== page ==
This newfound commitment to realism in the Western is interesting because it allows us to draw parallels with a genre that went through a similar reinvention. Right through until the 1960s the War film was one of Hollywood’s most consistently popular genres. Its output during World War Two consisted largely of propaganda films made to encourage recruitment and highlight the atrocities of the German military. With few exceptions Americans War films were morally uncomplicated affairs that treat the conflicts they portrayed as binary cases of good versus evil. This would slowly wane as World War Two passed further and further into history and America would engage in far less justifiable military engagements, the tipping point being Vietnam.
One of the reasons behind the outspoken opposition to Vietnam War was that it was the first conflict to appear on broadcast television. Since the 1950s television sets were all but ubiquitous and for the first time American homes were filled with images of real-life firefights, bombed-out buildings and dead or injured civilians. It became harder for Hollywood to present warfare are something noble and just when colour technology allowed you to see the red blood of Vietnamese women and children. Few films about the Vietnam War were made prior to the late seventies and those few were independently made and acknowledged its controversial nature. The most famous of these – Full Metal Jacket, Apocalypse Now and Platoon – were morally complex works that tackled the futility of the war and its dehumanisation of new recruits.
Since then the War genre has only strove for greater and greater realism and moral ambiguity. Saving Private Ryan used handheld cameras and greater detail to give the film the illusion of authenticity. Jarhead, like Full Metal Jacket, looked at the effect a futile conflict had on the young men who enlisted to fight it. Kathryn Bigelow’s The Hurt Locker and Zero Dark Thirty have embraced the documentary style of fiction filmmaking to avoid ever glamorising the War on Terror. In short War films never died out, as has been suggested about the Western, they simply became more mature.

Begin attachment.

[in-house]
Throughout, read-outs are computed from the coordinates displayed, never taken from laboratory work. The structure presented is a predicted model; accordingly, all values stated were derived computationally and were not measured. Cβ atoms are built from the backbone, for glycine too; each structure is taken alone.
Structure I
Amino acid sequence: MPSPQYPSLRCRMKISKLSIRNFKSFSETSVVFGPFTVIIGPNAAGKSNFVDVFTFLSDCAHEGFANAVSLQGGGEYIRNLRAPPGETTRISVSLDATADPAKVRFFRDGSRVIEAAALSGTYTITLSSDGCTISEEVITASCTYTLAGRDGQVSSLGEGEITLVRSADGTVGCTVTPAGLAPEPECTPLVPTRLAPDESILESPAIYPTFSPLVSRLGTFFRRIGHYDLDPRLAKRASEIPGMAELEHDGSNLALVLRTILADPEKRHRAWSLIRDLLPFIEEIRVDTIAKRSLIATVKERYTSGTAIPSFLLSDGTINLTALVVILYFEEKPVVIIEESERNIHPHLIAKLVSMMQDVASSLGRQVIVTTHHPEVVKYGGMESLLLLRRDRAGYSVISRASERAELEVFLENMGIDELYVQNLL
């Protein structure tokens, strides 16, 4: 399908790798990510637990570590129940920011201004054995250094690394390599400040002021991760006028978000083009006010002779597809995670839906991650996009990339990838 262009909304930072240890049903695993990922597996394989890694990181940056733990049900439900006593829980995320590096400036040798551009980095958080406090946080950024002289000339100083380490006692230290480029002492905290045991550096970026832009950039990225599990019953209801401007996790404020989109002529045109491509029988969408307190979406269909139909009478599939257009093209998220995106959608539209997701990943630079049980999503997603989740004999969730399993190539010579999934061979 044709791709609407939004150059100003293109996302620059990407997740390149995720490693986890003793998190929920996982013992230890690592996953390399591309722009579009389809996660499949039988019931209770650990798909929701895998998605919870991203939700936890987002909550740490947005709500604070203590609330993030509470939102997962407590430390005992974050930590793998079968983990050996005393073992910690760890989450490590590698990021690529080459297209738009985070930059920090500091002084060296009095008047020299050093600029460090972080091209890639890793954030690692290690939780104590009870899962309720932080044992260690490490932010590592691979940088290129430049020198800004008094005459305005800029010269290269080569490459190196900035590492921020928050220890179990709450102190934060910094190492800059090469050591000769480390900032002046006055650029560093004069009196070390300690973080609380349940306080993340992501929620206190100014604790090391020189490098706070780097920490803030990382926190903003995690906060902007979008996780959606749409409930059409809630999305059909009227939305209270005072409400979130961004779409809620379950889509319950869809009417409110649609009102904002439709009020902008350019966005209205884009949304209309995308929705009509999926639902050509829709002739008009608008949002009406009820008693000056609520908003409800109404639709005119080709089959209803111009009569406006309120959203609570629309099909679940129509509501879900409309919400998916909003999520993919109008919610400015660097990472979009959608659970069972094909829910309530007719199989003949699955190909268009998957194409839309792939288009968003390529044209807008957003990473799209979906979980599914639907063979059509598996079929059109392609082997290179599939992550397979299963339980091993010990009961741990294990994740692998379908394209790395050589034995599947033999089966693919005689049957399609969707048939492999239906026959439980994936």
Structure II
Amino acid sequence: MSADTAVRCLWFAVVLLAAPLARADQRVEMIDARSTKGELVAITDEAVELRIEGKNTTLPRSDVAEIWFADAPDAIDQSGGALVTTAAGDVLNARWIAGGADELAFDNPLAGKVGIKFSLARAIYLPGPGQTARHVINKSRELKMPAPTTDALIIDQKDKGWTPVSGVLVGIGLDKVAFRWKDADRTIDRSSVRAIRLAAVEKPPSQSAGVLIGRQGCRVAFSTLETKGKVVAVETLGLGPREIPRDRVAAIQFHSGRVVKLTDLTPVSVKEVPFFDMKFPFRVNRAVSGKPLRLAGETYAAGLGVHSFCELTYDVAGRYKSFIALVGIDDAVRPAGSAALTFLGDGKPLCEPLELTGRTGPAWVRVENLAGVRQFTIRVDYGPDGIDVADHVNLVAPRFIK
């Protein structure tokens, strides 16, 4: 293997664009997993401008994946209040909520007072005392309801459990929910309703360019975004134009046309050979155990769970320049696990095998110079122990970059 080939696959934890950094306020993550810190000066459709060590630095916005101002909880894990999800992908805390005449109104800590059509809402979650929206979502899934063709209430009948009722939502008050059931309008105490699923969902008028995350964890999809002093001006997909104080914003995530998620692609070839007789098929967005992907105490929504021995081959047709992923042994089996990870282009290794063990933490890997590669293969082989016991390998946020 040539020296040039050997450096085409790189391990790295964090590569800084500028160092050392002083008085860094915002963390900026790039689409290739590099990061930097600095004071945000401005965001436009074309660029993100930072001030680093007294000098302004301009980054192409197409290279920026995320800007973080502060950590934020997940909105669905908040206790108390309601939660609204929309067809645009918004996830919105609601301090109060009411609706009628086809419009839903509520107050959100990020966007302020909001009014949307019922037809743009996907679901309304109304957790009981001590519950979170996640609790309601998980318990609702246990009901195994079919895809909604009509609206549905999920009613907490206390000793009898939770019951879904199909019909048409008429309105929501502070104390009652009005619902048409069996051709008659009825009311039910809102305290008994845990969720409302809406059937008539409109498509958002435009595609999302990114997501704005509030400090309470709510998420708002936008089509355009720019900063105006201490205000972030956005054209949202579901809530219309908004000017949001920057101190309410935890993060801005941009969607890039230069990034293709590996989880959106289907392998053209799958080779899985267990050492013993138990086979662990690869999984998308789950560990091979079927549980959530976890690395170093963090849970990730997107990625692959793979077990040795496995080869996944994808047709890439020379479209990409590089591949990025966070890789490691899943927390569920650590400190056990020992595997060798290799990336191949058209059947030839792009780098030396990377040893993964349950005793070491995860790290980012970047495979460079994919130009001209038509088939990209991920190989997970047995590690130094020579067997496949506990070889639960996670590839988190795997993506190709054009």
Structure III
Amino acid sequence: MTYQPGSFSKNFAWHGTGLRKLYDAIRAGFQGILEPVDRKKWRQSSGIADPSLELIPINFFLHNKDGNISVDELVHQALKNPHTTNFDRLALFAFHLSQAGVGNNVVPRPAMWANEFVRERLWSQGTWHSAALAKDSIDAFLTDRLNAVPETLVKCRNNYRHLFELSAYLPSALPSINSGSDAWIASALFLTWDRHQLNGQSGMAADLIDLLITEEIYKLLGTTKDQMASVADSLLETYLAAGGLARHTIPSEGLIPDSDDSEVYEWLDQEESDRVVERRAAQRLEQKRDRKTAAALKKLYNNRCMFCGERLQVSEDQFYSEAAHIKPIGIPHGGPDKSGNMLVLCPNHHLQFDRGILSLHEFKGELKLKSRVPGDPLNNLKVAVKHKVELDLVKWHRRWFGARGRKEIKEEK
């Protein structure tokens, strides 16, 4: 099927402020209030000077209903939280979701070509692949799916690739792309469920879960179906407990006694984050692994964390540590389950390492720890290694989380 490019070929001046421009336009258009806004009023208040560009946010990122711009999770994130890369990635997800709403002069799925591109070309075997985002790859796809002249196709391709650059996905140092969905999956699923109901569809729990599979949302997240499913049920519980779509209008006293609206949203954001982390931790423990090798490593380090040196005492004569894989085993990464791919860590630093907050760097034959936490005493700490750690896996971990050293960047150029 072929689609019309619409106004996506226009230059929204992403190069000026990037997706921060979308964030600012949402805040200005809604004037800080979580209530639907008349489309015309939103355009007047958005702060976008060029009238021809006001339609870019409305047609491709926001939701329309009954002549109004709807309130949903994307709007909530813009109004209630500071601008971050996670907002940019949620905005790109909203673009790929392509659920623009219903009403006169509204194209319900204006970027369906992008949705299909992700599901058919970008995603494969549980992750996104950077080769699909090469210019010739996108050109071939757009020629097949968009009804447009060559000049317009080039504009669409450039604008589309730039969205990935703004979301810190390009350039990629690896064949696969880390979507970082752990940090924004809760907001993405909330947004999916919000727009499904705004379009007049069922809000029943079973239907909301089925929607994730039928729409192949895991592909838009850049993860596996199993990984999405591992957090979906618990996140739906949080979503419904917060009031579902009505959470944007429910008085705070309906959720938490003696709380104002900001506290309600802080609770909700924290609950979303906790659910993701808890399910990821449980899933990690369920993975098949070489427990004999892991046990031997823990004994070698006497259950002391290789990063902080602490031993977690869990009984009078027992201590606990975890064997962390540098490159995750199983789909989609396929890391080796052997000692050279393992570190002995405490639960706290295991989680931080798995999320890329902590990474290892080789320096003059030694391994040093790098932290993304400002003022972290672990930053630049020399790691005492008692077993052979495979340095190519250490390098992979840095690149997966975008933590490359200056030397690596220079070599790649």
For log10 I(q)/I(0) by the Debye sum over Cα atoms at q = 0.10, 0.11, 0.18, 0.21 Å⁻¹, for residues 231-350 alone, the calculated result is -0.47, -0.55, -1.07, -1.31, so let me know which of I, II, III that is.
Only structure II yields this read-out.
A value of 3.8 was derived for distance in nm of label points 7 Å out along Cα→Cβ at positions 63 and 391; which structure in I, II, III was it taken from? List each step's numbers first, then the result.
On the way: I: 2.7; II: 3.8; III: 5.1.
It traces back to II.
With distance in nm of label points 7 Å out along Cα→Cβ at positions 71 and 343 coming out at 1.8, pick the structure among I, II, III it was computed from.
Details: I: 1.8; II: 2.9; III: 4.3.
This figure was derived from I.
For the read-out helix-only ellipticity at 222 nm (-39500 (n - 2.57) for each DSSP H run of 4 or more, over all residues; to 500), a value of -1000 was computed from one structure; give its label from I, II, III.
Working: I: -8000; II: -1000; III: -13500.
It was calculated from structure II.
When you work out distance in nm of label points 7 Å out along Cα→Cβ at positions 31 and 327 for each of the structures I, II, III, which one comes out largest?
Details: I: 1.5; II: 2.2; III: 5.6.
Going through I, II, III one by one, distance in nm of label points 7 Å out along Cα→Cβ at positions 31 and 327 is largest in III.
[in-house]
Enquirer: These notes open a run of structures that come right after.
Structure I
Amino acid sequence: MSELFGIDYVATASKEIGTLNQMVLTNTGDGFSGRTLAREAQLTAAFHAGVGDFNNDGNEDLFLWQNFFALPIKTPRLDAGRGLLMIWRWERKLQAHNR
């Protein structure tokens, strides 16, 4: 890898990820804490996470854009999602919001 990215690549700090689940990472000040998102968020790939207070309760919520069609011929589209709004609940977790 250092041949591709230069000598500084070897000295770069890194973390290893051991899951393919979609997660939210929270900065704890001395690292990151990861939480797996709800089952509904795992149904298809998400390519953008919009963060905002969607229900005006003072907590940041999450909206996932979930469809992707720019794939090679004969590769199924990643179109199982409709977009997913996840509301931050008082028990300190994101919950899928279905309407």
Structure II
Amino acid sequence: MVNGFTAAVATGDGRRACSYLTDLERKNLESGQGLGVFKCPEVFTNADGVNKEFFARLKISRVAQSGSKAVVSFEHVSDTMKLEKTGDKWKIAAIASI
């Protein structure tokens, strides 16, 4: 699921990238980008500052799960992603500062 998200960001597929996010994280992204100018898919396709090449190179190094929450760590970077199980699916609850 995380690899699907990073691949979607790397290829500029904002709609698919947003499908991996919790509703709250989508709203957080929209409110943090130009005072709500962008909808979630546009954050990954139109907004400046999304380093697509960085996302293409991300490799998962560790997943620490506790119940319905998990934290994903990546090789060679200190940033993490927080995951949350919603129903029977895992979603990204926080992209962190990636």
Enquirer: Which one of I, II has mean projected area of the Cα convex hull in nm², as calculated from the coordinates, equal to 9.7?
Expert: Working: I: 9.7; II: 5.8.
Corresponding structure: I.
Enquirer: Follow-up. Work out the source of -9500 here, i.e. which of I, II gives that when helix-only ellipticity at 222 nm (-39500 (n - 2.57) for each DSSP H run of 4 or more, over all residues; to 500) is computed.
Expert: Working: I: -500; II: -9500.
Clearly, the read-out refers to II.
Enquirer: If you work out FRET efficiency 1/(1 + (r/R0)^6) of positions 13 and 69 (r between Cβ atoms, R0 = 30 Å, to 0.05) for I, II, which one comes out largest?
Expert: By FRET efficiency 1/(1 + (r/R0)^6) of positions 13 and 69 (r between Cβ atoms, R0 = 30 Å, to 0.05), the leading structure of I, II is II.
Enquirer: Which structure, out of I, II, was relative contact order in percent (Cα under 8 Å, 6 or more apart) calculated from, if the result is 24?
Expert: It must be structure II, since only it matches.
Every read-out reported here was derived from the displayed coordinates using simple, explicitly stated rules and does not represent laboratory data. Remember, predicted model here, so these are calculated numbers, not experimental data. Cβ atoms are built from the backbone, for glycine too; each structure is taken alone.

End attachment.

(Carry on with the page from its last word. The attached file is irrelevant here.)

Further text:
The key difference is that war has always been a part of our reality and so as it became more accessible it was easier to give it the authenticity it deserved. The realities behind the Western genre however have always been consigned to the history books. Westerns were always things of myths, or larger than life heroes, daring deeds and a treacherous environment that today is hard to come to terms with. Its maturing has been a slow process, a case of one big, hard-hitting revisionist film like Unforgiven or Brokeback Mountain or There Will be Blood every few years. The duel release of The Hateful Eight and The Revenant alongside each other may simply be the peak of this. Hateful Eight dressing down Western archetypes as the callous, sadistic, pathetic creatures they are and Revenant subjecting viewers to a two hour long endurance test of ‘real’ sufferings.
With any luck the success of both these films will put to rest the argument that the Western is a dead genre. Its future is still uncertain but with any luck the genre is returning to the forefront of Western culture. A little older and wiser perhaps and traditionalists may balk at its new values but it will be back again.